In his years as a Navy pilot, Captain Marland Townsend never had to hit the eject button. But he hit the ground hard a few months ago, bending down to feed his cat.
"And this foot slipped out from under me, boom. I didn't fall backwards, I rotated all the way around because this was holding me up and I just dropped from this height to the floor," said Captain Townsend.
The result was a crushed vertebra in his lower back.
"You don't even want me to describe it, it's excruciatingly painful," said Captain Townsend.
The injury led him to Dr. Paul Slosar, an orthopedic surgeon at St. Francis Hospital's Spine Center in San Francisco.
"You can see that big divit where the fracture bone is down, and I outlined the normal one here so that you can see how tall that looks. You can see very easily how the fracture had reduced the height about 70 percent," said Dr. Slosar.
As recently as a decade ago, Dr. Slosar said the injury could have meant months of bed rest, or even major surgery.
"Many of these patients who had vertebral fractures became chronic pain patients, and many of them led their spines would deform more and more," said Dr. Slosar.
The St. Francis team opted for a minimally invasive technique inserting a hollow needle directly into the damaged vertebrae.
"That allows us to move inside the vertebrae and create a little space," said Dr, Slosar.
The space is then filled with a new kind of bone cement called StabiliT, developed by a company in San Jose.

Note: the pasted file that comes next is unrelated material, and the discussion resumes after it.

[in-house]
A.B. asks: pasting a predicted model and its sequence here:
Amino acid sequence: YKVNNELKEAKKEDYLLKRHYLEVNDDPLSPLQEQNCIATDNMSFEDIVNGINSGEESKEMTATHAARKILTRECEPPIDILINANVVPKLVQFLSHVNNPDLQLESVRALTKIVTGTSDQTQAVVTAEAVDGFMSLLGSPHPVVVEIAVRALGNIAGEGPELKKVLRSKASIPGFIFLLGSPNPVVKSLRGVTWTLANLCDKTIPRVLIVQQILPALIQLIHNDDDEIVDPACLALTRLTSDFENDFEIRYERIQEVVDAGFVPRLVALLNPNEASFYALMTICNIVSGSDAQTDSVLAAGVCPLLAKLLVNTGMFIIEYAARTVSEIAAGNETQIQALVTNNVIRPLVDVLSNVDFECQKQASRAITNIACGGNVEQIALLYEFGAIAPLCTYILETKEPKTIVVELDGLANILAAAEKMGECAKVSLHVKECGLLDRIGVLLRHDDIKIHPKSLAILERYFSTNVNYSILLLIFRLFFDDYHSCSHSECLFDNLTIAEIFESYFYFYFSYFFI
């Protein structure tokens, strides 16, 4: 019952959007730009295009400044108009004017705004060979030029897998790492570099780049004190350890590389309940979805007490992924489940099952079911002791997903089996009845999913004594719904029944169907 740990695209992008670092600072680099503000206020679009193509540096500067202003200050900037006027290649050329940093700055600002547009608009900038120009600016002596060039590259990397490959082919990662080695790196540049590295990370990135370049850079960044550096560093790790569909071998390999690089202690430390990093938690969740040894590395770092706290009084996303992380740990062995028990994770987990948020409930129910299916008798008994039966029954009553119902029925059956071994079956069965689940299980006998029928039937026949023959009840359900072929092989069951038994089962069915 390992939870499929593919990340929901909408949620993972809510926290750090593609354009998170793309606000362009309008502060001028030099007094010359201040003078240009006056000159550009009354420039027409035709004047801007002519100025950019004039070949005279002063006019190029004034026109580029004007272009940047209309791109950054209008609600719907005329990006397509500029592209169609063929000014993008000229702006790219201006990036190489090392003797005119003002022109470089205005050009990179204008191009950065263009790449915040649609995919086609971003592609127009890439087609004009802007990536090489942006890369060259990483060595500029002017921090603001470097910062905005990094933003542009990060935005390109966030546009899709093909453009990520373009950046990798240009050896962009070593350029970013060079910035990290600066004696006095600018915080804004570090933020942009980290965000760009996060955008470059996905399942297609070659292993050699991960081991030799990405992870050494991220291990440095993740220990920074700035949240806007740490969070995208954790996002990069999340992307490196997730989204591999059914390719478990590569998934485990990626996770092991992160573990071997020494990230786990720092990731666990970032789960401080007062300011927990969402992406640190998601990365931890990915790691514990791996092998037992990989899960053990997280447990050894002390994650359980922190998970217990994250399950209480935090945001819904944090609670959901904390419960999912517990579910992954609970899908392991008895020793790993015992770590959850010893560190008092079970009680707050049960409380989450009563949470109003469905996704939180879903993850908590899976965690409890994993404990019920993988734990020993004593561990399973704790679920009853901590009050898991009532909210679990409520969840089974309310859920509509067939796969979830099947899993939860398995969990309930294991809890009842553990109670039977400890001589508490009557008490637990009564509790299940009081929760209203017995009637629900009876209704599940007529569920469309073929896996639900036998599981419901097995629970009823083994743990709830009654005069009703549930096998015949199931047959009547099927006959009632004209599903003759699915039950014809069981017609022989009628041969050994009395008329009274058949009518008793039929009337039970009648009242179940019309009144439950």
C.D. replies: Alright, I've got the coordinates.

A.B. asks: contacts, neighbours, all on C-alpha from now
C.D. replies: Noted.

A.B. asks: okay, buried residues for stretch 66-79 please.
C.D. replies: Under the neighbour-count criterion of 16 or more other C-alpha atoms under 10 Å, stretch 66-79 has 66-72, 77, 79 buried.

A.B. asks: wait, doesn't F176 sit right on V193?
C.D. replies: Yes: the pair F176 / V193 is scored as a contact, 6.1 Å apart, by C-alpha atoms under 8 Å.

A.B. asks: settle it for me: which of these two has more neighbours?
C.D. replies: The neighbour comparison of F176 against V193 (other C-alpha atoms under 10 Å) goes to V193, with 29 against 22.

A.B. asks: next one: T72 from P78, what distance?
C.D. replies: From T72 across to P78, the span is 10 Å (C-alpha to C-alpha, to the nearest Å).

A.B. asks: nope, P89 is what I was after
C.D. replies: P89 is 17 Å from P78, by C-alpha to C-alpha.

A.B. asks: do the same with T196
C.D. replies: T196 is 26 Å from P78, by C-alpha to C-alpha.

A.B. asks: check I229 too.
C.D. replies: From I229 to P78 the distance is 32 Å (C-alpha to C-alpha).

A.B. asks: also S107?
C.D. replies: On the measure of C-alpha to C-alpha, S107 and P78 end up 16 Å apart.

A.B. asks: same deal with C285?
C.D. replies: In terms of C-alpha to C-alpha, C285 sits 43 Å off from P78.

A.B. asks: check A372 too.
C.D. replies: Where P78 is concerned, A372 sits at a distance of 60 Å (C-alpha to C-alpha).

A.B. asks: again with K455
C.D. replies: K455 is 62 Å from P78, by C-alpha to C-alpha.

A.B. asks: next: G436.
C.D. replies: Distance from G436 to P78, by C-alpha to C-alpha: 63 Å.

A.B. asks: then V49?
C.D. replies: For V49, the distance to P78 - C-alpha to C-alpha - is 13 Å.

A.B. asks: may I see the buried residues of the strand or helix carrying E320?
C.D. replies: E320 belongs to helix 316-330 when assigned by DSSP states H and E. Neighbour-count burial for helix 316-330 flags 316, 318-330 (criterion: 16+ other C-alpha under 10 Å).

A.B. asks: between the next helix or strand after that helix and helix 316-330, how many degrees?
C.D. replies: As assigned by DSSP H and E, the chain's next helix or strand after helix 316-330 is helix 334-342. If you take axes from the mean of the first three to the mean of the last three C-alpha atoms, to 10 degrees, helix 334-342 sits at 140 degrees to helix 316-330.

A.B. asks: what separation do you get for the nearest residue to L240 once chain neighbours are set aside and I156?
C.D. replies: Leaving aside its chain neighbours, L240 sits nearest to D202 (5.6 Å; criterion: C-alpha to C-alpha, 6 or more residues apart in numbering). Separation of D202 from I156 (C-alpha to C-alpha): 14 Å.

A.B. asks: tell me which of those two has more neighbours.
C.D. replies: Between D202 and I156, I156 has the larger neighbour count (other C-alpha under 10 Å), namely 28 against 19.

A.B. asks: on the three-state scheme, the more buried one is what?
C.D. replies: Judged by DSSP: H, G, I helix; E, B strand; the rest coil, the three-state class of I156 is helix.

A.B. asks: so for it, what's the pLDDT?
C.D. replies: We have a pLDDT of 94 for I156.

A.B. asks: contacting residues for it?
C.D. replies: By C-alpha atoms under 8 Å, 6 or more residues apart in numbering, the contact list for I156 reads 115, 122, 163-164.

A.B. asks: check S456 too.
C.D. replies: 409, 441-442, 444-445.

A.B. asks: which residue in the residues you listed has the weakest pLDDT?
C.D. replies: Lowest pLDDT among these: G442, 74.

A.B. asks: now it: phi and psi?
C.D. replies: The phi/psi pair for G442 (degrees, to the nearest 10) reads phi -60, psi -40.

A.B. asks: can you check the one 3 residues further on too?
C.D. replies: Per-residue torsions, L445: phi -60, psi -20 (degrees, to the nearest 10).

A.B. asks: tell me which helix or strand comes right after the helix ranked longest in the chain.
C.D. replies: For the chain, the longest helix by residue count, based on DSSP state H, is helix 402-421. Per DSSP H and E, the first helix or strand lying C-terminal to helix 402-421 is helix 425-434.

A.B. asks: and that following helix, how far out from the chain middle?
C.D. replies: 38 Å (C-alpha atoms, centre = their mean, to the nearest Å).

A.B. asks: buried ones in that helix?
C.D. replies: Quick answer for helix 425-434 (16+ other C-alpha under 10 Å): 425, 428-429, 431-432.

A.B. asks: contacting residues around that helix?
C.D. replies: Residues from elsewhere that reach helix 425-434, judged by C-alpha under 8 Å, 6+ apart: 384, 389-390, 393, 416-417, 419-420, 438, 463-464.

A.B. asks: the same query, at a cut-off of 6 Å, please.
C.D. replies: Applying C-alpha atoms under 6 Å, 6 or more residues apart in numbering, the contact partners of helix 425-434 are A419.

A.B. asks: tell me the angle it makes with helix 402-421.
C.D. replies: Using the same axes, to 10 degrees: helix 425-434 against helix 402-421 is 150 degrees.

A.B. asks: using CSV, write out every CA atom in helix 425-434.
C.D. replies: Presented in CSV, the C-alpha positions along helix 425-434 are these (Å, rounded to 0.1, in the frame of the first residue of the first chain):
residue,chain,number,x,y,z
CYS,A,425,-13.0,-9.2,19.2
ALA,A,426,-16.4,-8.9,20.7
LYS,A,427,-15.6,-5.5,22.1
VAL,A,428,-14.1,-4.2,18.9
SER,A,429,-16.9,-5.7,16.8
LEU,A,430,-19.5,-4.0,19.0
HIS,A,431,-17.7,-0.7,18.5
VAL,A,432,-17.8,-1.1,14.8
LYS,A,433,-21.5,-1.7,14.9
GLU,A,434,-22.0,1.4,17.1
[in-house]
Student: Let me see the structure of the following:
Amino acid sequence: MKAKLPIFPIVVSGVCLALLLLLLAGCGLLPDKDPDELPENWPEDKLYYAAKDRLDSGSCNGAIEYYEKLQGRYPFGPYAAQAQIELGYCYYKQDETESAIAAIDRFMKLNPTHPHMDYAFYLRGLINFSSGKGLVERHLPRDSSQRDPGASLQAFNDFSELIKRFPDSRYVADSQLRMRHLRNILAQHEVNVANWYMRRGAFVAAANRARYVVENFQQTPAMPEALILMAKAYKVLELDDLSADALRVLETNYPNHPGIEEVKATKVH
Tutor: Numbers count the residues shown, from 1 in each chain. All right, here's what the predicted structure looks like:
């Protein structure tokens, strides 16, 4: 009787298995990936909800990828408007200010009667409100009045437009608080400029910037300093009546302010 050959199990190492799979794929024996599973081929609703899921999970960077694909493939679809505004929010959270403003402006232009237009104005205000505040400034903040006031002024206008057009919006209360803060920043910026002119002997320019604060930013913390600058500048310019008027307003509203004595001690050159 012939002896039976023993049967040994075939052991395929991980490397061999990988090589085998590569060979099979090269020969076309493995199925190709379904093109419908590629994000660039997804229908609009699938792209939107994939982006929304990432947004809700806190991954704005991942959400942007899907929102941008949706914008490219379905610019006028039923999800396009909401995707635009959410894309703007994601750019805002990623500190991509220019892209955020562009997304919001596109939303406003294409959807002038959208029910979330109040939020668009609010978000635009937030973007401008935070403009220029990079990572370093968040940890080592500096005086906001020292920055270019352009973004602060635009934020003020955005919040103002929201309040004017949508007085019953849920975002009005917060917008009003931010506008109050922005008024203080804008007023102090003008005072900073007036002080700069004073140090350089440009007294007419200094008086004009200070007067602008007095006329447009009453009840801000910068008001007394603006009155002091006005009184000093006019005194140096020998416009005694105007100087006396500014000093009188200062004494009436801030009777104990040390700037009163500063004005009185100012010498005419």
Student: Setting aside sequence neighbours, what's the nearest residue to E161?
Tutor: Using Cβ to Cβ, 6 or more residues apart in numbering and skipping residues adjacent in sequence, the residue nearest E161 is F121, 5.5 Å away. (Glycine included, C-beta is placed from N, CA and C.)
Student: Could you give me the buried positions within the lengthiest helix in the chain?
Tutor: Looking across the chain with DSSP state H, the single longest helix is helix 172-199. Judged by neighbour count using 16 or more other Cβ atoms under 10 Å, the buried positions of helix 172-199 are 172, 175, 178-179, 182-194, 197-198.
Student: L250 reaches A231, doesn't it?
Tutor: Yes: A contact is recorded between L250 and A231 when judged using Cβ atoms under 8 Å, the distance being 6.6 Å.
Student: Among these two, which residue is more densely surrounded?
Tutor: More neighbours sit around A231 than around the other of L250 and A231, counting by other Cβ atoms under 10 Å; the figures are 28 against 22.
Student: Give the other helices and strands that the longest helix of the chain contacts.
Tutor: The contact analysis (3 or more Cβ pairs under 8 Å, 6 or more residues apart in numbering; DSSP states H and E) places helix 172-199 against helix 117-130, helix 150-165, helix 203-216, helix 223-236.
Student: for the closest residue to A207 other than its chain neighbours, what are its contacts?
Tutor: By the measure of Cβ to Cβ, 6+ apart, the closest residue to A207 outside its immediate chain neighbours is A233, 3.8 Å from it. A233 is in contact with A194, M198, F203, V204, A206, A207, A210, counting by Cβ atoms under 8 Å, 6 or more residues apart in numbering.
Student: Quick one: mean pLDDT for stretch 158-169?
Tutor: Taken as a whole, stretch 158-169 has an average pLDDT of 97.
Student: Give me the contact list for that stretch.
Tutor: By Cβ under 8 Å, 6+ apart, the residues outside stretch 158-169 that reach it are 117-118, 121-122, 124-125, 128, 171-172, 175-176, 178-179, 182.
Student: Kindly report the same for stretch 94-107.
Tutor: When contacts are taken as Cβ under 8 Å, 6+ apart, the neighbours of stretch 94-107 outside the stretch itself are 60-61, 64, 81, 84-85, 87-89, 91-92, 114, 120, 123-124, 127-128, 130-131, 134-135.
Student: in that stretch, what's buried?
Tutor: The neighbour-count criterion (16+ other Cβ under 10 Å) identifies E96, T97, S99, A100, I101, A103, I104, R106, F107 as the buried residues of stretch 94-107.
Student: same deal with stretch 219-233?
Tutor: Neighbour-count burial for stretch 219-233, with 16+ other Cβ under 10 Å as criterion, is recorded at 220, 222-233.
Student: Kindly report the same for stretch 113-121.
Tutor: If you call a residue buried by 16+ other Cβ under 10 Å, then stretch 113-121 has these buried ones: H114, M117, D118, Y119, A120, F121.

The system uses radio frequency to heat the cement, allowing it to flow evenly through the needle, into the bone.
As it sets, the cement expands, pushing outward and helping to restore the height of the collapsed vertebrae.
"If you look at smallest footprint surgery we can perform, this is about as minimal invasive as you can get," said Dr. Slosar.
Once hardened, the cement is as rigid as the natural bone around it. Captain Townsend said the effect on his pain was almost immediate.
"Honestly, as soon as I wake up in the recovery room, the pain is absolutely gone," said Captain Townsend.
Doctor Slosar said the repaired vertebra functioned normally, without putting pressure on any of the surrounding discs, and it helps patients get back to their lives.
There is also a competing technology for treating compression fractures. It uses a balloon to raise the height of the compressed vertebrae, before surgeons inject the bone cement.